Beer producers may start to feel the pinch of supply chain disruptions

Supply chain issues are continuing to impact consumers and operators, as Americans have dealt with everything from toilet paper to baby formula shortages. Now,
Published: Oct. 4, 2022 at 5:08 PM MDT|Updated: Oct. 4, 2022 at 11:51 PM MDT
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HAILEY, Idaho (KMVT/KSVT) — Supply chain issues are continuing to impact consumers and operators, as Americans have dealt with everything from toilet paper to baby formula shortages. Now, the beer industry could be next to feel the pinch.

The Sawtooth Brewery in Blaine County has been around for more than ten years, and COVID has thrown a myriad of obstacles at them, from inflation and staffing issues to shipping delays.

“Just craziness. It seems like every month it is something different. Once you feel like you have a handle on everything it all changes again,” said Sawtooth Brewery Co-Owner Kevin Jones.

He said now he is hearing that some breweries are experiencing shortages of carbon dioxide.

“We would definitely have to shut down or adjust how we do beer. We would not be able to make a bubbly beer without CO2,” Jones said.

For Breweries carbon dioxide is essential. CO2 is used to transfer beers, carbonate them, and push beer to be poured on tap.

“We have not dealt with it here locally, which is really nice but I hear it might come here eventually,” Jones said.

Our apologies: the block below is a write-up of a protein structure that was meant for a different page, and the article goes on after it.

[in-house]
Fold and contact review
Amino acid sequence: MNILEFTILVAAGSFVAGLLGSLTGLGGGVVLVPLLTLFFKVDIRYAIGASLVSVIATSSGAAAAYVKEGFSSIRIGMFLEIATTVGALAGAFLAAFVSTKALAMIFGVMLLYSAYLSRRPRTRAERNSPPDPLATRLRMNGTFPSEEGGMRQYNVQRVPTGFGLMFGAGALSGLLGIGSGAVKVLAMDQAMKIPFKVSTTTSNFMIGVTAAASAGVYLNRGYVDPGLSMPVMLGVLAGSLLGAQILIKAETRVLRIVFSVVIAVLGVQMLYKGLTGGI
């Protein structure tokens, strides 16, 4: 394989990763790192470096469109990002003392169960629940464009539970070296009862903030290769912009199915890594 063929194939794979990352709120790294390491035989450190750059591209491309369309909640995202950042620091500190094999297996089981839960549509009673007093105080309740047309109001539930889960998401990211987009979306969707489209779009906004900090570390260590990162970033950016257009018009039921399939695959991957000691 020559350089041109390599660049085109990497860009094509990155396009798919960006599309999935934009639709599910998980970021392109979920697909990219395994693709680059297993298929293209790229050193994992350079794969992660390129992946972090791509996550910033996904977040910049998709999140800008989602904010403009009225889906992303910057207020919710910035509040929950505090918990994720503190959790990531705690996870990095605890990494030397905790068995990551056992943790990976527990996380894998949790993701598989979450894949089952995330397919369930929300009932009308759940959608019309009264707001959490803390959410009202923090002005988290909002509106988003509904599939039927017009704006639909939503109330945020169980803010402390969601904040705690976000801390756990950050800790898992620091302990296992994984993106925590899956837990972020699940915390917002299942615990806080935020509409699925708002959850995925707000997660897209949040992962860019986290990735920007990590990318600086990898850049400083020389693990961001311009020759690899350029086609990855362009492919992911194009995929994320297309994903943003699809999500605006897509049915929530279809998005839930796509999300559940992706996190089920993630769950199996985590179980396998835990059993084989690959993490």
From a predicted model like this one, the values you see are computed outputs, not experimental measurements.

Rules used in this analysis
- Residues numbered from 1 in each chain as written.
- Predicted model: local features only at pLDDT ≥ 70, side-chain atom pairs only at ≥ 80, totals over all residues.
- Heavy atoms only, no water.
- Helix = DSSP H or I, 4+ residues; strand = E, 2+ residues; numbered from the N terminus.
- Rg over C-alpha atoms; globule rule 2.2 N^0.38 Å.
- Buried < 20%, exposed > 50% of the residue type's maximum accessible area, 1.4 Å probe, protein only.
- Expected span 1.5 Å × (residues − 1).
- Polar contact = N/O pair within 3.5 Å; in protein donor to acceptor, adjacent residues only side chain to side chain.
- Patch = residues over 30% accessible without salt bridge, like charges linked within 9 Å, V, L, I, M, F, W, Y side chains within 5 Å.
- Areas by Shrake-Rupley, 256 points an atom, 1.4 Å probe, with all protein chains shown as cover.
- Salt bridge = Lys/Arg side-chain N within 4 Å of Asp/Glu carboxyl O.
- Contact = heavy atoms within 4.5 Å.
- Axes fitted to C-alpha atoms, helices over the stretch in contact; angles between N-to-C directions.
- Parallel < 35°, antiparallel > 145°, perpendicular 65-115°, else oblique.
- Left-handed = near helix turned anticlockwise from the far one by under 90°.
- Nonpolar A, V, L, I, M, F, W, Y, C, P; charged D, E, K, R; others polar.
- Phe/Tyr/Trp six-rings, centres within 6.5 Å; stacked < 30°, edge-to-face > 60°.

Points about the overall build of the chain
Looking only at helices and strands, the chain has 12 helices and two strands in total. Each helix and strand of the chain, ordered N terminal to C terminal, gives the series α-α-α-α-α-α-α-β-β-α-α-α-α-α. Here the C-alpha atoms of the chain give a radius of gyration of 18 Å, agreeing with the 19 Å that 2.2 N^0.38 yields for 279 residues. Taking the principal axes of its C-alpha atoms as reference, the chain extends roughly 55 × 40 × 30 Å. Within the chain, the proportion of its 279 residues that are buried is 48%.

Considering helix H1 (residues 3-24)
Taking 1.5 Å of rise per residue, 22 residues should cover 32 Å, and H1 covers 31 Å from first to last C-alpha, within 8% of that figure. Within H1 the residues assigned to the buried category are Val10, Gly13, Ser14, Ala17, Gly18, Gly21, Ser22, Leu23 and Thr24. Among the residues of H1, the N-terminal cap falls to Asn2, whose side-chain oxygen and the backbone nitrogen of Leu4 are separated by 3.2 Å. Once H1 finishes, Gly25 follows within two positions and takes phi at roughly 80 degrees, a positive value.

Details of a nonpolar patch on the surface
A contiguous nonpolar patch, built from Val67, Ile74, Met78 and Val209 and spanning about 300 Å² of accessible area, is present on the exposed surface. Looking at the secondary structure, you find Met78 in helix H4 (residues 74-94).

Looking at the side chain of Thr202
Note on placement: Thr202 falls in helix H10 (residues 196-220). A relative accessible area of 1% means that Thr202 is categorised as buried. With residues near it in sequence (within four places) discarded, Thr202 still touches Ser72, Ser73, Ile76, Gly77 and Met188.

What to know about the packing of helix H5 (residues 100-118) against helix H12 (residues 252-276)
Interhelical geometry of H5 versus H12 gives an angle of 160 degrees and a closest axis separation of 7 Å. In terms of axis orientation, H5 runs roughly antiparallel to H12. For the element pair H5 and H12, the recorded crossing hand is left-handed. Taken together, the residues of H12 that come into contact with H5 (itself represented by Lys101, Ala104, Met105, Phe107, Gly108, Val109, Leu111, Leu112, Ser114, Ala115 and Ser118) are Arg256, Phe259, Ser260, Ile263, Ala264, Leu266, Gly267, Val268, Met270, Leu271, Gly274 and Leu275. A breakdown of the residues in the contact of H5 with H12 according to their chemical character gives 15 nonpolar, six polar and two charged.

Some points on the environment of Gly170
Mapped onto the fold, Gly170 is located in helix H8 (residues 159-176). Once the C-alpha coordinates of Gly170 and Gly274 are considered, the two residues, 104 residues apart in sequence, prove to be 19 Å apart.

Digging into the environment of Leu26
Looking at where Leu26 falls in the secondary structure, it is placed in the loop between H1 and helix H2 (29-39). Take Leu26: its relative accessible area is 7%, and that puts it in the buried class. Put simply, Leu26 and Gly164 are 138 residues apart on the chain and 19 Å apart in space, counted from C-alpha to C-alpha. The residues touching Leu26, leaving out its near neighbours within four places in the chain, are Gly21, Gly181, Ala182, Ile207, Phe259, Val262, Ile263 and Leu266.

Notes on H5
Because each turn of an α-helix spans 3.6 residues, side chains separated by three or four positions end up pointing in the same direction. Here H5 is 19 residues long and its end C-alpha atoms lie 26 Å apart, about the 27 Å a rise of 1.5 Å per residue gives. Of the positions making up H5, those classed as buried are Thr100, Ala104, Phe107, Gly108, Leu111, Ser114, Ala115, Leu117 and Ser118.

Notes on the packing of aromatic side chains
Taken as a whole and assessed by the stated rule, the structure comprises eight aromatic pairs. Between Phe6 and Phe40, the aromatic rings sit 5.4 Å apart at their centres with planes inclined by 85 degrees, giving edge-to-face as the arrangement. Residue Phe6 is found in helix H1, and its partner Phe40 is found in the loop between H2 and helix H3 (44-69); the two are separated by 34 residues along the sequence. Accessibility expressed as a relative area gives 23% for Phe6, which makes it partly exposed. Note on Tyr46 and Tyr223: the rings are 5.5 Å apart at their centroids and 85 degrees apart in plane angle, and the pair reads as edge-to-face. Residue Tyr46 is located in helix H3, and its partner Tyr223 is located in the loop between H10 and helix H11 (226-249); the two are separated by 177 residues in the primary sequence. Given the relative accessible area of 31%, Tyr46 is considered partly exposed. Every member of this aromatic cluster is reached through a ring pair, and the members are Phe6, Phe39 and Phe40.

However, one supply chain issue that is currently giving him headaches is aluminum cans.

“The retail cost to the consumer is about $12, and it use to be about $11,” Jones said.

Additionally, he said there has been a high demand for aluminum cans since COVID, and he now has to buy them in bulk at a higher price.

“When the demand is high they are going to supply their bigger customers before smaller ones like ours,” Jones added.

University of Idaho Professor Steven Peterson said supply chain disruptions like aluminum can are going to take time to correct themselves, it’s not going to happen overnight. He said the aluminum shortage is estimated to last into 2023, possibly as late as 2024.

“There is a variety of reasons for it. One of them is that China is moving away from carbon-based energy products,” Peterson said.

However, Jones said he is feeling optimistic about the future.

“This time two years ago you never knew what was going to happen. Now things are settling down a little bit which is good,” Jones said.